Friday, 14 Nov 2008, email addressed to members of the church
“As all of you know, the protests from the “No on 8” side will continue this weekend.
“We are counseled not to hold counter-demonstrations. The other side will be looking for confrontations and if they get them, guess how the attending media will spin villains and victims?
“Please counsel our people to stay away from the demonstrations and let the police handle things. Especially encourage our most passionate supporters to stay at home. . .
“Keep things in perspective: We can paint over graffiti on our buildings and we can plant new flowers on our temple grounds, but it's more difficult to repair a reputation that has been tarnished because some member loses his temper.
Be patient and kind. Turn the other cheek. This too shall pass.”
1. The advice not only keeps supporters of Prop. 8 out of the camera lens attempting to add fuel to the frenzied fire, but also protects them from being caught up in the rage personally, which could get out of hand.
2. Mormons have faced this politically approved lawlessness many times in its history, especially in Missouri and Illinois. [See Missouri Governor Orders Mormons Expelled—or Exterminated and Wikipedia: Latter Day Saint martyrs. Added 5 May 2013.]
3. Since the demonstrating, vandalism, and terrorist threats began in the aftermath of Proposition 8 passing, not one politician has spoken out against it. On the contrary, in California politicians from the Governor down have been telling protesters to hang in there, that their cause is just, and that Proposition 8 will be overturned.
4. Mormons left the United States for Utah to escape State sanctioned rape, murder, and plunder. Earlier, the Prophet Joseph Smith personally petitioned United States president Martin Van Buren to intercede for his people. Van Buren replied: "Your cause is just, but I can do nothing for you. If I take up for you I shall lose the vote of Missouri." And just before fleeing the States, Mormon leaders wrote to every state of the Union asking for asylum. Their pleas were met with either refusals or silence.
5. Mormons endured many hardships getting to Utah, many died on the way and after arriving because of harsh conditions. But in 1857 a single event that was totally inconsistent with their theology and history, overshadowed their own just cause.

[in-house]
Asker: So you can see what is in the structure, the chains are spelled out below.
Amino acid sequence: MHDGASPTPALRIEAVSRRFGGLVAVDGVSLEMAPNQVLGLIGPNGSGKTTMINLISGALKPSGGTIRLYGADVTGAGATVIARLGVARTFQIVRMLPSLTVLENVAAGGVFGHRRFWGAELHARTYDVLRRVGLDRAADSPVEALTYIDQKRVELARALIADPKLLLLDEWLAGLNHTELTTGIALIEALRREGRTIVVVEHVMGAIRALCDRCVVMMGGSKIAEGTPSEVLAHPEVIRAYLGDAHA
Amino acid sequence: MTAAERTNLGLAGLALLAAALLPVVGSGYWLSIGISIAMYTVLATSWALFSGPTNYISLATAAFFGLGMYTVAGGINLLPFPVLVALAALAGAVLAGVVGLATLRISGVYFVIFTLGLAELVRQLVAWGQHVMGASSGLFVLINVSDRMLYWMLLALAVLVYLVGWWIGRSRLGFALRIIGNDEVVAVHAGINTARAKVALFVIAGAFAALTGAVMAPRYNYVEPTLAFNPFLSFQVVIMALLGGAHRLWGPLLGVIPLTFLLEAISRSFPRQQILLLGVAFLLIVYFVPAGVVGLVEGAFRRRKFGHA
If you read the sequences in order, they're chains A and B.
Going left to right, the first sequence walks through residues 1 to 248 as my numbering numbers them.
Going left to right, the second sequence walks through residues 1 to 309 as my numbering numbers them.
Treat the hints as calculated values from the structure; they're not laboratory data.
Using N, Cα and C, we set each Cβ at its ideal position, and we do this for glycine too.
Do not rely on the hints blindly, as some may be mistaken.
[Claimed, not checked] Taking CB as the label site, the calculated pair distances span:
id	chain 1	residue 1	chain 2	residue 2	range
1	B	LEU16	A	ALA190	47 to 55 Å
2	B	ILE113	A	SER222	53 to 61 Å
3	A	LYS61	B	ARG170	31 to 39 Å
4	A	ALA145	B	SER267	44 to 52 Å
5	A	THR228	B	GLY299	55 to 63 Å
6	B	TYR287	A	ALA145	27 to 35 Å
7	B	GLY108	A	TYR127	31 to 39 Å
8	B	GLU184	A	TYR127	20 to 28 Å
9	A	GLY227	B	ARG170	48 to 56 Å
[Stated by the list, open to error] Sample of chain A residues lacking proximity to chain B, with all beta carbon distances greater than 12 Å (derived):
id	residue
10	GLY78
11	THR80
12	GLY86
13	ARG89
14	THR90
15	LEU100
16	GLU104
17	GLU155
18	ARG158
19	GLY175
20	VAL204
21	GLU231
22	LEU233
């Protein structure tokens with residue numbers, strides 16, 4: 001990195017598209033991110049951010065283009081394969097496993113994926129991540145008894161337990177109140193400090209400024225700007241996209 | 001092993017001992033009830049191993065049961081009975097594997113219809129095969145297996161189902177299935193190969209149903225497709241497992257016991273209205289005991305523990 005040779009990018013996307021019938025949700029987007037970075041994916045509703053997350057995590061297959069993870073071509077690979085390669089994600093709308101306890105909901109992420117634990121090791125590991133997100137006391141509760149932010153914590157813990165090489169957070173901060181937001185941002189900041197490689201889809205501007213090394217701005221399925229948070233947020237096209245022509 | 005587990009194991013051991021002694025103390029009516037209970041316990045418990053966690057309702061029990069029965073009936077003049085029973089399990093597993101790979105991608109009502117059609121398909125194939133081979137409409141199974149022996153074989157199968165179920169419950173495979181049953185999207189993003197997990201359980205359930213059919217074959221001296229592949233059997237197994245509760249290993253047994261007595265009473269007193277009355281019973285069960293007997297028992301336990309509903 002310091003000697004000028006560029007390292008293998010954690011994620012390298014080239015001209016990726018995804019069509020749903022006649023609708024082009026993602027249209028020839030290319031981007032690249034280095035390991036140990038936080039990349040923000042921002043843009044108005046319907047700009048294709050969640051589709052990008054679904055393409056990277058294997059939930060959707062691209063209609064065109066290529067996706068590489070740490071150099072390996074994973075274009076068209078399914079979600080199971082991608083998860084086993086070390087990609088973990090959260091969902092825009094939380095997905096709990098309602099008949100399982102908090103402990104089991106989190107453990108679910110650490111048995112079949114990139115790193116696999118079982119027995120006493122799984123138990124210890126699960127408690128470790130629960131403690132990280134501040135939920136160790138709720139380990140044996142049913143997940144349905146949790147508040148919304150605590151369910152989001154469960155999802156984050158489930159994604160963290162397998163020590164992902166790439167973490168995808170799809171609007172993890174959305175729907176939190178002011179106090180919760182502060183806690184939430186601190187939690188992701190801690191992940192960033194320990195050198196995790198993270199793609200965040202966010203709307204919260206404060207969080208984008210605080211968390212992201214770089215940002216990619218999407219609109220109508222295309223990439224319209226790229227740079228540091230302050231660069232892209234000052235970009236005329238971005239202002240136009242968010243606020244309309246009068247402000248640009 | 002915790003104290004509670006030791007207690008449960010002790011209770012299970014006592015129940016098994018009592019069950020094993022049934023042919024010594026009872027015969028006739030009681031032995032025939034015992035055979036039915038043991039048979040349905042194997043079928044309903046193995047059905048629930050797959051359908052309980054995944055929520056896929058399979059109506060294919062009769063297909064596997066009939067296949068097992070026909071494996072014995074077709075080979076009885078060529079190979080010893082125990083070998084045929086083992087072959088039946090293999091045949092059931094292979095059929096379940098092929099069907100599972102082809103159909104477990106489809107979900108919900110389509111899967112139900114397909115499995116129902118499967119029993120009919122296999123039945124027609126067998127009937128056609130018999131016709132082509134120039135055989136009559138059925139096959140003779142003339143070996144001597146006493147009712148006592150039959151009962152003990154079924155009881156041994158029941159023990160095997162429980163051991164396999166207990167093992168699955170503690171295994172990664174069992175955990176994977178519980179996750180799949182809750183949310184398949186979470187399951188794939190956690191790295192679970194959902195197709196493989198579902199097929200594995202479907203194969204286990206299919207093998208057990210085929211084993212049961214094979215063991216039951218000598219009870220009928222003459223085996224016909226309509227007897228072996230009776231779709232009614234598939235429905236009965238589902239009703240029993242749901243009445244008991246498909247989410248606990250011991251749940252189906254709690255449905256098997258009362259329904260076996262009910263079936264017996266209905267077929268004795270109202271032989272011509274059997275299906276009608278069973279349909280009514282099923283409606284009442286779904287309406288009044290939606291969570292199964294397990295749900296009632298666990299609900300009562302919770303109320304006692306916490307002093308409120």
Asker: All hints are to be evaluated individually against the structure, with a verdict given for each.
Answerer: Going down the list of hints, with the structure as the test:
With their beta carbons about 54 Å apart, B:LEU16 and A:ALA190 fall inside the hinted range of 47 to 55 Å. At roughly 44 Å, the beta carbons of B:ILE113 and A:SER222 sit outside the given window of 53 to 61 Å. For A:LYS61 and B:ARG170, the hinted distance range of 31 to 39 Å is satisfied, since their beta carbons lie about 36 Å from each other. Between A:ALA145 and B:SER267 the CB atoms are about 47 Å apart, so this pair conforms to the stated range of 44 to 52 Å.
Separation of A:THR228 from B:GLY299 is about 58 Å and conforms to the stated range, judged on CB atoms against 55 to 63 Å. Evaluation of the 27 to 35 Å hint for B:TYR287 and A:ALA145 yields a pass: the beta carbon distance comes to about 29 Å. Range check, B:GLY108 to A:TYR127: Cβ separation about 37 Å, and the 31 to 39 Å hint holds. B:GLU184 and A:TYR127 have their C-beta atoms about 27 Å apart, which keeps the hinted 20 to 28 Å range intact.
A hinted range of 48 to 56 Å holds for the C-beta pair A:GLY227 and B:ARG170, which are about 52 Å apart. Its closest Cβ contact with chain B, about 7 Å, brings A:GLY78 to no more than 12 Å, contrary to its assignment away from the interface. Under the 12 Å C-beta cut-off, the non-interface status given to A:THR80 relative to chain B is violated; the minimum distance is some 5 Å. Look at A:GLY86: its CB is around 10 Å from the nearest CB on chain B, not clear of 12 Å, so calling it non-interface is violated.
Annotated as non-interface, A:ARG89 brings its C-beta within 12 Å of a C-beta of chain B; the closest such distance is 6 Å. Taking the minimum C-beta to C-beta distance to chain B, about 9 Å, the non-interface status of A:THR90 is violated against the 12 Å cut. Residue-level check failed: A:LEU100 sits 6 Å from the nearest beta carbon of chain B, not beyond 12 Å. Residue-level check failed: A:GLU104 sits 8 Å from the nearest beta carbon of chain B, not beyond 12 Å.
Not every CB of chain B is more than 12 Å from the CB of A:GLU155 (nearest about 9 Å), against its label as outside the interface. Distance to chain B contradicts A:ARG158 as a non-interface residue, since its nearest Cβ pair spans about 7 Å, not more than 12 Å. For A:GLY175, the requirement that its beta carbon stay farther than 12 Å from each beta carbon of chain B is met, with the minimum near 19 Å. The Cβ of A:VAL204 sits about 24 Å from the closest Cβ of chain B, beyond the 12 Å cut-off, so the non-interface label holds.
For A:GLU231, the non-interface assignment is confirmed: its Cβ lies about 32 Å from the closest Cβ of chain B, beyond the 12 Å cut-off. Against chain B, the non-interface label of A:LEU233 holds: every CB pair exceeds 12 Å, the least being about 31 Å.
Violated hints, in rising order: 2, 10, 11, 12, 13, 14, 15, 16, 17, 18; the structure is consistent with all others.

6. On September 11, 1857 local Mormon militia members in southern Utah, in the company of Paiute Indians, murdered 120 traveling emigrants, including women and older children, leaving only a few younger children to be farmed out among the Mormon settlers. This tragedy became known as the Mountain Meadows Massacre.
7. I asked my Father about this tragedy when I first read about it in high school. His family was from Southern Utah—about an hour by automobile south of Mountain Meadows. He said that the emigrants came from Arkansas and may have participated in the earlier persecutions of Mormons. He said that people from this company expressed surprise at finding the Mormon settlement, that they thought killing off ole Joe Smith would have taken care of the Mormons once and for all, that they bragged about their own exploits in persecuting the Mormons, and that they threatened to come back and finish the job.
8. Now I don’t know what the folks from Arkansas may have said, and I don’t know how Dad learned this unless it was passed down through his family who settled in the region. But nothing said or done warranted a massacre. And in a recent study about the event, Massacre at Mountain Meadows, published by Oxford University Press, the authors ask, “How can basically good people commit such a terrible atrocity?”
9. I can tell you. They can let themselves be incited by Satan’s war cry, “Let’s you two go fight.” Any justification will do, but feelings of fear, hurt, and anger really prime the pump. And no one should figure he is completely immune to Satan’s promptings given the right conditions.
10. Currently, demonstrators in support of same-sex marriage are targeting those members of the religious community whom they blame for passing Proposition 8. And thus far that community is showing appropriate restraint. However, should Proposition 8 be overturned as politicians are promising, we may learn that many others voted to ban same-sex marriage out of hate for homosexuals, not with the objective of protecting traditional marriage. And these folks many not be so disciplined as the religious community in responding to terrorist attacks.
11. Regrettably, the political leadership in California has thus far pandered to lawlessness. Their behavior is more contemptible than that of President Martin Van Buren, who at least conceded that he was afraid to lose the vote of a loud and influential constituency by protecting life and property.
12. Whether Proposition 8 is overturned or not, the failure of politicians to uphold laws that were enacted through the established, Constitutional orderly and deliberative legislative and judicial processes have subordinated civil peace and safety to anarchy and terror. They may be jaded politicians seeking personal advantage or just cowardly. They have set the stage for a potentially more serious outbreak of violence in the future.